Bank real estate and trust divisions are increasingly sensitive to environmental risk, a new study from Environmental Data Resources and Dun & Bradstreet Information Services finds.
The group's second annual Financial Institution Environmental Survey, released Monday, found 26% of real estate lending divisions now employ a risk manager, up from 8% the previous year.
Environmental risk managers were employed by 34.4% of credit administration departments, up from 27%.
Among trust departments, 100% have environmental due-diligence policies, up from 98%.
The survey found that nearly one-quarter of the respondents perform environmental due-diligence for equipment financing, and nearly as many perform it for loans secured by receivables.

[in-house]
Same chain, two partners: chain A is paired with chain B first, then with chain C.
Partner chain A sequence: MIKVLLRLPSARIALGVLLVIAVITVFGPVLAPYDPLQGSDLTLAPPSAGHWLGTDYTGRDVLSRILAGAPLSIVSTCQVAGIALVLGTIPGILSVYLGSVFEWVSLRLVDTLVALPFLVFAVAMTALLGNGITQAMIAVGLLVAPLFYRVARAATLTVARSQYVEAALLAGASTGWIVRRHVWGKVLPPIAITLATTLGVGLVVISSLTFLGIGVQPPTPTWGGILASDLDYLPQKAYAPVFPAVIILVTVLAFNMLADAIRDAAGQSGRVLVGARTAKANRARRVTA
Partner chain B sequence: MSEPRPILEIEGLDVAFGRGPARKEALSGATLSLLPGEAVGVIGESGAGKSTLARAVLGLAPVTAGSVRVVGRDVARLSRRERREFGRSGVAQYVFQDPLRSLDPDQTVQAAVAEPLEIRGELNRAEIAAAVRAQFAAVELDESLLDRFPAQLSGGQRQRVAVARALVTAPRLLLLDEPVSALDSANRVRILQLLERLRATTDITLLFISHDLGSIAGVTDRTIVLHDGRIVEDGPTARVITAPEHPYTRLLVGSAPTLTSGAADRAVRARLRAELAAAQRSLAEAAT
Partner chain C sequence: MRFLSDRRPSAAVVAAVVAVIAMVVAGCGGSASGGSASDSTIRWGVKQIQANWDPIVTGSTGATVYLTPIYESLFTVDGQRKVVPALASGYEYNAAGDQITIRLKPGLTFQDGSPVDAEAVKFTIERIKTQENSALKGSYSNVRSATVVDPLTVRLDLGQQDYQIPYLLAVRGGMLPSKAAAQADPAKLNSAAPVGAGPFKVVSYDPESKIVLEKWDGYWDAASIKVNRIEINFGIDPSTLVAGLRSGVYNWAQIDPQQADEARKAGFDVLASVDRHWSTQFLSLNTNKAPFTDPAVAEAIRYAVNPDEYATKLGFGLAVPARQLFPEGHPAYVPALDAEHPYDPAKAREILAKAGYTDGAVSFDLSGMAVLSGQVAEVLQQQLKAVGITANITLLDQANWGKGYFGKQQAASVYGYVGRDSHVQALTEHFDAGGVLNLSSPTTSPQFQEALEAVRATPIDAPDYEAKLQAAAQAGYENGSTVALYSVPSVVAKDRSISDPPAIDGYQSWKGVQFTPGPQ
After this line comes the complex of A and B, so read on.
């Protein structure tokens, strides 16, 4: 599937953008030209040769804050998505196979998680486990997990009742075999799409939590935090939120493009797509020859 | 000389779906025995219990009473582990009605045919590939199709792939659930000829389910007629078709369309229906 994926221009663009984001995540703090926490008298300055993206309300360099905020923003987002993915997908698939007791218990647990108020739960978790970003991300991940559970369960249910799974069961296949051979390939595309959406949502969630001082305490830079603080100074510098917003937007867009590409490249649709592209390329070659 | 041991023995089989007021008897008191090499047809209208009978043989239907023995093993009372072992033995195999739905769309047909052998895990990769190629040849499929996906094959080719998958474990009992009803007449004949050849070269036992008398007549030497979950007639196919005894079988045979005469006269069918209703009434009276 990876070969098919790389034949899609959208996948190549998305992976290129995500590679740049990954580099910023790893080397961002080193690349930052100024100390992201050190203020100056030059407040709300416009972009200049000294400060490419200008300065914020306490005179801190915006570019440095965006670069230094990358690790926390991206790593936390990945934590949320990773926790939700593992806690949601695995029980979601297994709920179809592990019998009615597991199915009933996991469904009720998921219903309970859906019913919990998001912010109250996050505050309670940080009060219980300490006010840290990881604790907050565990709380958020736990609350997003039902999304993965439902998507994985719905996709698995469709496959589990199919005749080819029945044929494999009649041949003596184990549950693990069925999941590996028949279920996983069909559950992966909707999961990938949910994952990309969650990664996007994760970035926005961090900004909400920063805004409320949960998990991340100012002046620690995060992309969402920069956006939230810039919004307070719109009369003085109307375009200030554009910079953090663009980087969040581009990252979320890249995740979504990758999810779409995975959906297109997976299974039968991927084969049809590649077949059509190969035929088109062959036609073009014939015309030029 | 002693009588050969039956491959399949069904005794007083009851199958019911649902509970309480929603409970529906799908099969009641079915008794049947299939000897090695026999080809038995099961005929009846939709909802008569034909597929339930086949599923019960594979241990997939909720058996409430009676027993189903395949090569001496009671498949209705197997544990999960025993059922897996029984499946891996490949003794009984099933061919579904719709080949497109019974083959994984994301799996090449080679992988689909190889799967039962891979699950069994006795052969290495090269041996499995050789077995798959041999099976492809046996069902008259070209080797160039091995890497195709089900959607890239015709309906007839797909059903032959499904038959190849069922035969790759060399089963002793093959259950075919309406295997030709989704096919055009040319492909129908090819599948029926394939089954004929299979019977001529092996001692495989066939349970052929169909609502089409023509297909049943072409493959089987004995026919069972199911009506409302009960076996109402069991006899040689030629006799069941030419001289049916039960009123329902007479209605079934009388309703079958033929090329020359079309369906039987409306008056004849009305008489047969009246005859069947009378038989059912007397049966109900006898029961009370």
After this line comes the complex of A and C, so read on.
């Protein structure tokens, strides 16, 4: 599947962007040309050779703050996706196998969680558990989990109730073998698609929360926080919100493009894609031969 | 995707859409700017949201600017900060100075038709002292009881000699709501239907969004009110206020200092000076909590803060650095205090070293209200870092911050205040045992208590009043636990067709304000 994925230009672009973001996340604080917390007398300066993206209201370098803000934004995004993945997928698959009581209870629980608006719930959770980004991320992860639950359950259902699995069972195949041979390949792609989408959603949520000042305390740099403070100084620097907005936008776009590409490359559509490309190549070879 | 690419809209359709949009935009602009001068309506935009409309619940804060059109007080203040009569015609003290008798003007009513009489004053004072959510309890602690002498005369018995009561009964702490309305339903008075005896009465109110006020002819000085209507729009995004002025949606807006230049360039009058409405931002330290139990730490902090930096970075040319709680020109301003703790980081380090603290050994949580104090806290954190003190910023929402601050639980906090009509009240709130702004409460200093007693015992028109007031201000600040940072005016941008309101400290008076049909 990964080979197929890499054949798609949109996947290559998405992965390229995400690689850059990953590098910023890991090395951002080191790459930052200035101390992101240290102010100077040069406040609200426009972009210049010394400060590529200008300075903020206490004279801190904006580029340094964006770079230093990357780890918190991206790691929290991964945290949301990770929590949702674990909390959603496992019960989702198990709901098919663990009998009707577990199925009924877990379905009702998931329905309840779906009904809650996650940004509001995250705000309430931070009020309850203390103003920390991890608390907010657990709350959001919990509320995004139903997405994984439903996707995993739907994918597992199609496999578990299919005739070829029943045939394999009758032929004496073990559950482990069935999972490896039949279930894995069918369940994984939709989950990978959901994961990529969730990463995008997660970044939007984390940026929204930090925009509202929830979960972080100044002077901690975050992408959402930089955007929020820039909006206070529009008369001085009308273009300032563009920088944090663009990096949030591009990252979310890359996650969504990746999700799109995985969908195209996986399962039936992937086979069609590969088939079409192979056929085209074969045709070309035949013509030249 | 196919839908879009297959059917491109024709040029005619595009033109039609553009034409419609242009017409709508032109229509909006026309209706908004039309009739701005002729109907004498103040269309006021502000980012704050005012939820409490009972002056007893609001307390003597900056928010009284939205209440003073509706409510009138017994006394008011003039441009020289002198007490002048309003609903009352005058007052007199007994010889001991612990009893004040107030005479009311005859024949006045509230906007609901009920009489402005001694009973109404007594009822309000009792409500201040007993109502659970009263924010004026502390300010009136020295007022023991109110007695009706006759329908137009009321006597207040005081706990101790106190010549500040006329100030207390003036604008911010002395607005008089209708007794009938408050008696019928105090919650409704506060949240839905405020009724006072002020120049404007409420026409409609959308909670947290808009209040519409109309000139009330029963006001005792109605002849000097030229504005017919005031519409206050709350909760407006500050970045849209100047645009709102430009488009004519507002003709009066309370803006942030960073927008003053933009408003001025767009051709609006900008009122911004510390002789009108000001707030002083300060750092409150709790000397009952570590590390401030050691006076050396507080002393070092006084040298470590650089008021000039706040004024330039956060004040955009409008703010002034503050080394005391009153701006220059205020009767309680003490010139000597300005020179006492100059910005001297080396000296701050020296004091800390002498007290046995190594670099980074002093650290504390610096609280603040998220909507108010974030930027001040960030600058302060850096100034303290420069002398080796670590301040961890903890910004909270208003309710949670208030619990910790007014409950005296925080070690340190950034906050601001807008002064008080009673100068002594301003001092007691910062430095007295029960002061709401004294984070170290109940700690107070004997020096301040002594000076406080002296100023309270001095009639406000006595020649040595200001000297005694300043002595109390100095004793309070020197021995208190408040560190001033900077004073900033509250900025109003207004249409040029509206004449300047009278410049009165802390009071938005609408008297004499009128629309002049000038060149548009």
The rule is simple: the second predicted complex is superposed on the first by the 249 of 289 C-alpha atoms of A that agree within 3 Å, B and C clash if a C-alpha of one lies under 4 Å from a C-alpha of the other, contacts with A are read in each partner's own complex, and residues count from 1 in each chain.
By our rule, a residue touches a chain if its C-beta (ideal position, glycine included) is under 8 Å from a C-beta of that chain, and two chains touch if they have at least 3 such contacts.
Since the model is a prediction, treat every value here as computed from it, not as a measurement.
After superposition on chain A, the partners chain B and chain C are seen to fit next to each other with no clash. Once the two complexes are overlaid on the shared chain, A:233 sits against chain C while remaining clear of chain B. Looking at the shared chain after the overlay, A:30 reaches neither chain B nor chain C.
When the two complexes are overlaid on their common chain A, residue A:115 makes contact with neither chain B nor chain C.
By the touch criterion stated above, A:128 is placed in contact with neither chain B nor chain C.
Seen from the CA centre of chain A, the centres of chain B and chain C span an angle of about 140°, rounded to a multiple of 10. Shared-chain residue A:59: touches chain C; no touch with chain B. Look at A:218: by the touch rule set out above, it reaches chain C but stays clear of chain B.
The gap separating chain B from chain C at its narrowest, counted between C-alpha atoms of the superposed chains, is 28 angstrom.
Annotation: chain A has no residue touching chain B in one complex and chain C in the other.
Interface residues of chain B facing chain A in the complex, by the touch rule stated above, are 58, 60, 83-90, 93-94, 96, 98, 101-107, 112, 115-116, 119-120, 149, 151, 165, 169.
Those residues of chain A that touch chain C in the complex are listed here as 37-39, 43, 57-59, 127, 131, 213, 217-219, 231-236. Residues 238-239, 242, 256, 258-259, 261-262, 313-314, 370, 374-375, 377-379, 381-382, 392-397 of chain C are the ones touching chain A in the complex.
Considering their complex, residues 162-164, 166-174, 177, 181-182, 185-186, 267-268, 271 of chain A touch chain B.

"The vast majority of lenders and trustees now recognize environmental contamination as a serious financial risk," said Anthony Buonicore, CEO of Environmental Data Resources, and president of the Air & Waste Management Association.
In the future, he said, some type of environmental assessment could be used for all financial transactions. A standardized transaction screen is now being used by 67.2%, up from 38%.
Half the trustee respondents reported being involved in environmental litigation, up from less than one-third; 85% report some environmental contamination in the past five years.